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Lawyer: Police Used Excessive Force in Killing Georgia Tech Pride Leader


The shooting death of Scout Schultz continues to reverberate.

The president of Georgia Tech's Pride Alliance was shot to death on Saturday after wielding a knife then calling out police to shoot them. Now the family attorneys of Scout Schultz, who identified as nonbinary, bisexual, and intersex, say authorities "overreacted."

Georgia Tech Police entered the scene after receiving calls reporting Schultz was carrying weapons on campus. When police found them (Schultz's preferred pronoun), they were what attorney L. Chris Stewart describes as barefoot, "disoriented," and having a "mental breakdown." A cellphone video show officers yelling at Schultz to halt and put down the knife. Police shot they after the student continued to step forward.

Stewart, who has previously represented the families of Alton Sterling and Walter Scott, underscored that Schultz's mental health struggles did not justify their shooting, and that officers must be better trained with dealing with people in psychological distress. Although he credits Georgia Tech police for their attempts to descalate the threat, he said the officer who opened fire either "lost patience" or lacked proper training. He also felt hat the campus police should have stun guns, not just firearms. "People have breakdowns sometimes," Stewart said at a Monday press conference. "That doesn't mean they deserve to die."

There is also a debate as to if Schultz was wielding a knife, as reported, or a unsheathed multipurpose tool. According to Stewart, who claims the latter, Schultz was "walking slowly, not running, at the officers, not threatening them with a knife... but with a multipurpose tool that probably everybody has in their car," Stewart said. "That's the truth. We don't understand why Georgia Tech won't admit that."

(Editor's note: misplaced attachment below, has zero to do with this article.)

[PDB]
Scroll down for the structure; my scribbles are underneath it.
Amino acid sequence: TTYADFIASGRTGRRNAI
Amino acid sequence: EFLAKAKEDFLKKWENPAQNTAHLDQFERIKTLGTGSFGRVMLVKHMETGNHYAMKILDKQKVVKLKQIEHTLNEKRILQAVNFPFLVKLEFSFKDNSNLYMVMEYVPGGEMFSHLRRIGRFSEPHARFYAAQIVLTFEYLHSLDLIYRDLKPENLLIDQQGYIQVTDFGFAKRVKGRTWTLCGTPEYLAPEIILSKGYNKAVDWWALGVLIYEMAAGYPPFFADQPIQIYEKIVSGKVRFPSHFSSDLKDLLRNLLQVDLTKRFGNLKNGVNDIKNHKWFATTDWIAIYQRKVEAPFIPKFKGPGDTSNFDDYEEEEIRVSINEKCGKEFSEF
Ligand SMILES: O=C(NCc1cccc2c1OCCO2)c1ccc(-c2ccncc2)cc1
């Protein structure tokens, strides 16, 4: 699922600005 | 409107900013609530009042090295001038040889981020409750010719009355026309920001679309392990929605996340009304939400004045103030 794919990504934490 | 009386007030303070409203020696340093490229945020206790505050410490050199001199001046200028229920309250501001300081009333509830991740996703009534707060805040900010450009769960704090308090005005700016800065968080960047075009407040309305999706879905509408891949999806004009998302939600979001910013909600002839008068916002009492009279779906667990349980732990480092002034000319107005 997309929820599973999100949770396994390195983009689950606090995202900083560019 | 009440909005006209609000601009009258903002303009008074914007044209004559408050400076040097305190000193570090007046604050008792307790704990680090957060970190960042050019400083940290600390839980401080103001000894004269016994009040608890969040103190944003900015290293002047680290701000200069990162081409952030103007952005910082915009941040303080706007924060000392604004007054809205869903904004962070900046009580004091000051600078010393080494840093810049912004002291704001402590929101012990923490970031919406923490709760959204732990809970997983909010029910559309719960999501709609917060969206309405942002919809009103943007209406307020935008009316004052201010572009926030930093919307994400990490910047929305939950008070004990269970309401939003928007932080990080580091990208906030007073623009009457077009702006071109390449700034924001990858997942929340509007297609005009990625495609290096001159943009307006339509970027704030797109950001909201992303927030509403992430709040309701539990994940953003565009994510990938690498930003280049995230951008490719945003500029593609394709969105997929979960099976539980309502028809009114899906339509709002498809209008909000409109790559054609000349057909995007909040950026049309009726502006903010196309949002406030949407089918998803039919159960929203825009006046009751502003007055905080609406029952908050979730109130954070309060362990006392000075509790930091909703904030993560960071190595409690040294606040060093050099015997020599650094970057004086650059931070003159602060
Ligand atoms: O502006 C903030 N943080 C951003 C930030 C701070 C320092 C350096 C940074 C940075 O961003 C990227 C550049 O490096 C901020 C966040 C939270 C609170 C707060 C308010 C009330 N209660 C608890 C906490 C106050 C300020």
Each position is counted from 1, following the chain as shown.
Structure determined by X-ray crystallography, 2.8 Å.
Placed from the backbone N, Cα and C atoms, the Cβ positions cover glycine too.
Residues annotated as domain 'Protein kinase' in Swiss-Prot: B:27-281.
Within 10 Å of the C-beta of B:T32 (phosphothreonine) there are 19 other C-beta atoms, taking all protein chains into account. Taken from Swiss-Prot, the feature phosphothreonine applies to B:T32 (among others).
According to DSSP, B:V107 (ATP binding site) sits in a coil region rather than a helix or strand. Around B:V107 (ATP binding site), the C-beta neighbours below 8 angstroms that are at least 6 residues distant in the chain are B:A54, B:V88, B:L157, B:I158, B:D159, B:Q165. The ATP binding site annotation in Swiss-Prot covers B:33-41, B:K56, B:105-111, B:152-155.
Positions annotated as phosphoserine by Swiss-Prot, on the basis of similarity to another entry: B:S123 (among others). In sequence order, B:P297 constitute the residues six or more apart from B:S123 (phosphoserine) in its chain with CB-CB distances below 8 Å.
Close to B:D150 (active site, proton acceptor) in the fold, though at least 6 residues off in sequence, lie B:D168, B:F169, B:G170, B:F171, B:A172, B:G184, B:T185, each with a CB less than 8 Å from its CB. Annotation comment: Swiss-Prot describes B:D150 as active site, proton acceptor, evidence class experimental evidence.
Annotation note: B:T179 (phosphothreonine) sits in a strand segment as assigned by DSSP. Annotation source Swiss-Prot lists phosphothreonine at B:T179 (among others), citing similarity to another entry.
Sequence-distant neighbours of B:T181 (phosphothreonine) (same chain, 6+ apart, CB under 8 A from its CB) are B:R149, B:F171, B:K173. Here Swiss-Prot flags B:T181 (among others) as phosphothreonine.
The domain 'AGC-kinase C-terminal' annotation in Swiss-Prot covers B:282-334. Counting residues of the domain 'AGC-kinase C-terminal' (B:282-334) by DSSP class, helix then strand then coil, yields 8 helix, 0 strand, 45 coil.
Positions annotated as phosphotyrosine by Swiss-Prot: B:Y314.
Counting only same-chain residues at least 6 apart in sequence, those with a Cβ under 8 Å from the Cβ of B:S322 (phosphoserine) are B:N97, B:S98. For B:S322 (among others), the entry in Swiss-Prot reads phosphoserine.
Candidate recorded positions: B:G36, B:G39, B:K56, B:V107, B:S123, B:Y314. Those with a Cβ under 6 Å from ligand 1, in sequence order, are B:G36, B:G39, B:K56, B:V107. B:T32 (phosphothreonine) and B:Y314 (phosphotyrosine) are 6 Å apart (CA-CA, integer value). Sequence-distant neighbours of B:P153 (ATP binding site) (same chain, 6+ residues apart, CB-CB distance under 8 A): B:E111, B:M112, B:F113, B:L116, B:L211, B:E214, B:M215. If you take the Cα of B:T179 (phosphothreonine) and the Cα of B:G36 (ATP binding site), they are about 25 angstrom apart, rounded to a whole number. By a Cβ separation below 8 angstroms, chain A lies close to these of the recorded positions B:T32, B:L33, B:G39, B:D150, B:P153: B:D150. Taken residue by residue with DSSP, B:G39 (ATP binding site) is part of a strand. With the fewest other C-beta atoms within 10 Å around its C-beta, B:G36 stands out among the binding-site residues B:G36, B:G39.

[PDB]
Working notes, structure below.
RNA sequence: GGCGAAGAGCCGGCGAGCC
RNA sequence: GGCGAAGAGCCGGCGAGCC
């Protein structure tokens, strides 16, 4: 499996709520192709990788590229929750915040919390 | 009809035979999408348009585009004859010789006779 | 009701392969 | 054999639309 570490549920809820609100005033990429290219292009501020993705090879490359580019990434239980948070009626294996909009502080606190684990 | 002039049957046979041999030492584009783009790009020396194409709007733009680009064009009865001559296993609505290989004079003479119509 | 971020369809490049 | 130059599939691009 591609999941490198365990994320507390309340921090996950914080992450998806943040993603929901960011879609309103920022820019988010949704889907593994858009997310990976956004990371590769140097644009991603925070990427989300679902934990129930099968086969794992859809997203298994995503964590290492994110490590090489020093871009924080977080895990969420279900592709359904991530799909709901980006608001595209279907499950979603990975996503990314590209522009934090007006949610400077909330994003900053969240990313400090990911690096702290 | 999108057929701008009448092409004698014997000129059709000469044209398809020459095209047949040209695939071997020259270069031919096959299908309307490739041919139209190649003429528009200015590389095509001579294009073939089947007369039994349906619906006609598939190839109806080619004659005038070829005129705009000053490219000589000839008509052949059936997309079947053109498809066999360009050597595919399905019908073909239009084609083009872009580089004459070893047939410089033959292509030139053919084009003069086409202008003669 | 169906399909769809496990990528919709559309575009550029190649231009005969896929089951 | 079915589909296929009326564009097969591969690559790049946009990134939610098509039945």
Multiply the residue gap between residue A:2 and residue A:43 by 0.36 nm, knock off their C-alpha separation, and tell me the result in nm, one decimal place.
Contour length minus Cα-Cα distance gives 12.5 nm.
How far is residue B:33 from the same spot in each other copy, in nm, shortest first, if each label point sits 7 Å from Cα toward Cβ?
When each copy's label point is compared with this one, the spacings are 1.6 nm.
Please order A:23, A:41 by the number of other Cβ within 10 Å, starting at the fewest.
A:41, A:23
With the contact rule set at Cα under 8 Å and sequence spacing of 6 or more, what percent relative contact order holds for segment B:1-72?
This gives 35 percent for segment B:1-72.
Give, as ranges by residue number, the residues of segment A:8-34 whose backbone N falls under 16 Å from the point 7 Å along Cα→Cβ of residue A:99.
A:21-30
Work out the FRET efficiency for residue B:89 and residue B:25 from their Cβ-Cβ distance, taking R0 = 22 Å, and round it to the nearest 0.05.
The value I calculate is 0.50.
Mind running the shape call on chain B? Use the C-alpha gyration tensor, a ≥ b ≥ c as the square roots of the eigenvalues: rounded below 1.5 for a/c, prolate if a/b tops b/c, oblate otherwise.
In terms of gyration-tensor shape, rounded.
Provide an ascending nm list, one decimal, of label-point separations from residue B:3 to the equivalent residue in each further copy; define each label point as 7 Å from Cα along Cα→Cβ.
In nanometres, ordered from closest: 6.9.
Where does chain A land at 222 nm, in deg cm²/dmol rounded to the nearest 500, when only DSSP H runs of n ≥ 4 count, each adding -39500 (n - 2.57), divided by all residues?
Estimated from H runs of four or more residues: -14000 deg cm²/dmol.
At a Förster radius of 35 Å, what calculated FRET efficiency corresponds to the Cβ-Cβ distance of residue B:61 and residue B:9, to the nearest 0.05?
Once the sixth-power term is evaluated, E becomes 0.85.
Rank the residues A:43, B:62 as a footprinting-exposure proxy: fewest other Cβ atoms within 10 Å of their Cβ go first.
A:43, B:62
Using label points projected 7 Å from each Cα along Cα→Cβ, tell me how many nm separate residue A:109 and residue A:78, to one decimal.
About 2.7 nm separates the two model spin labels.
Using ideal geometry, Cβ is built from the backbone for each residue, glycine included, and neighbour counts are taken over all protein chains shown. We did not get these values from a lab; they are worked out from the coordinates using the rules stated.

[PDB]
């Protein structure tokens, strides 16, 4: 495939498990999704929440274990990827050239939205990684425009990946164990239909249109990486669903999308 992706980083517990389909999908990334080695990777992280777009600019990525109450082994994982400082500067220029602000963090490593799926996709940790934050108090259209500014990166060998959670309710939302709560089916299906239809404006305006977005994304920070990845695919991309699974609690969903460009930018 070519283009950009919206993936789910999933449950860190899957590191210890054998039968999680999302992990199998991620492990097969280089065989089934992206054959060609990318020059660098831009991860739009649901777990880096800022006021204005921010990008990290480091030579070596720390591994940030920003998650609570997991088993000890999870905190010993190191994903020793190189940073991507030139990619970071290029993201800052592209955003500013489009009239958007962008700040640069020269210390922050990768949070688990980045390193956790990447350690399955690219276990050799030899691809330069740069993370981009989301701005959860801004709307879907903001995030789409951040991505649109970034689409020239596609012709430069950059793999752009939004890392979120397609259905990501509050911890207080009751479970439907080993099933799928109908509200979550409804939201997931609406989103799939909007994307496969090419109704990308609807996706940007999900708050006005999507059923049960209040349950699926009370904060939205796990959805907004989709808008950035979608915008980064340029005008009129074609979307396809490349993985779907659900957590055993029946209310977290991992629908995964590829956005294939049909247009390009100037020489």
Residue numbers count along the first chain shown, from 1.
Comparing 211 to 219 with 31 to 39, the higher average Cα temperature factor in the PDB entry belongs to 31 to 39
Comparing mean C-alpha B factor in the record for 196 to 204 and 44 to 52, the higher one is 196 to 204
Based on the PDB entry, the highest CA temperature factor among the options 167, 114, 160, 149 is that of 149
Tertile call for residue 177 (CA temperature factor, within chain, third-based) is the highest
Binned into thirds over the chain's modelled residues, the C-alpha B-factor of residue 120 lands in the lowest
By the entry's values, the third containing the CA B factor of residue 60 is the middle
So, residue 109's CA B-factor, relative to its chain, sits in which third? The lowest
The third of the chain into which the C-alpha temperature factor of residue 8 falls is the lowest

William Schultz, the student's father, is accusing police of using excessive force. "Why did you have to shoot? That's the question. That's the only question that matters now," he said in a statement. "Whatever happened shouldn't have ended in a death."

Schultz was a senior on a full scholarship to Georgia Tech with a computer engineering major and a 3.9 GPA. Schultz struggled with depression and had attempted suicide before, according to their father. Student groups are calling for more counseling and heath resources on campus, particularly for transgender and gender-nonconforming students.

Sarah Buttons, a mental health counselor and board member of Georgia Safe Schools Coalition, knew Schultz from Georgia Safe Schools Coalition events. Buttons believes Schultz's tireless activism contributed to the mental breakdown.

"Scout was an outspoken leader so it feels in character with this person to not forget how they lived but also... to talk about the circumstances of their death," she told CNN. "Sometimes, our leaders get really worn down, so how do we make sure our leaders in the community are supported?"

The Pride Alliance that Schultz led will be holding an on-campus vigil on Monday night. The group has responded to they's death, posting on Facebook, "Scout always reminded us to think critically about the intersection of identities and how a multitude of factors play into one's experience on Tech's campus and beyond," the group said. "We love you Scout and we will continue to push for change."

Advocate Channel - The Pride StoreOut / Advocate Magazine - Fellow Travelers & Jamie Lee Curtis

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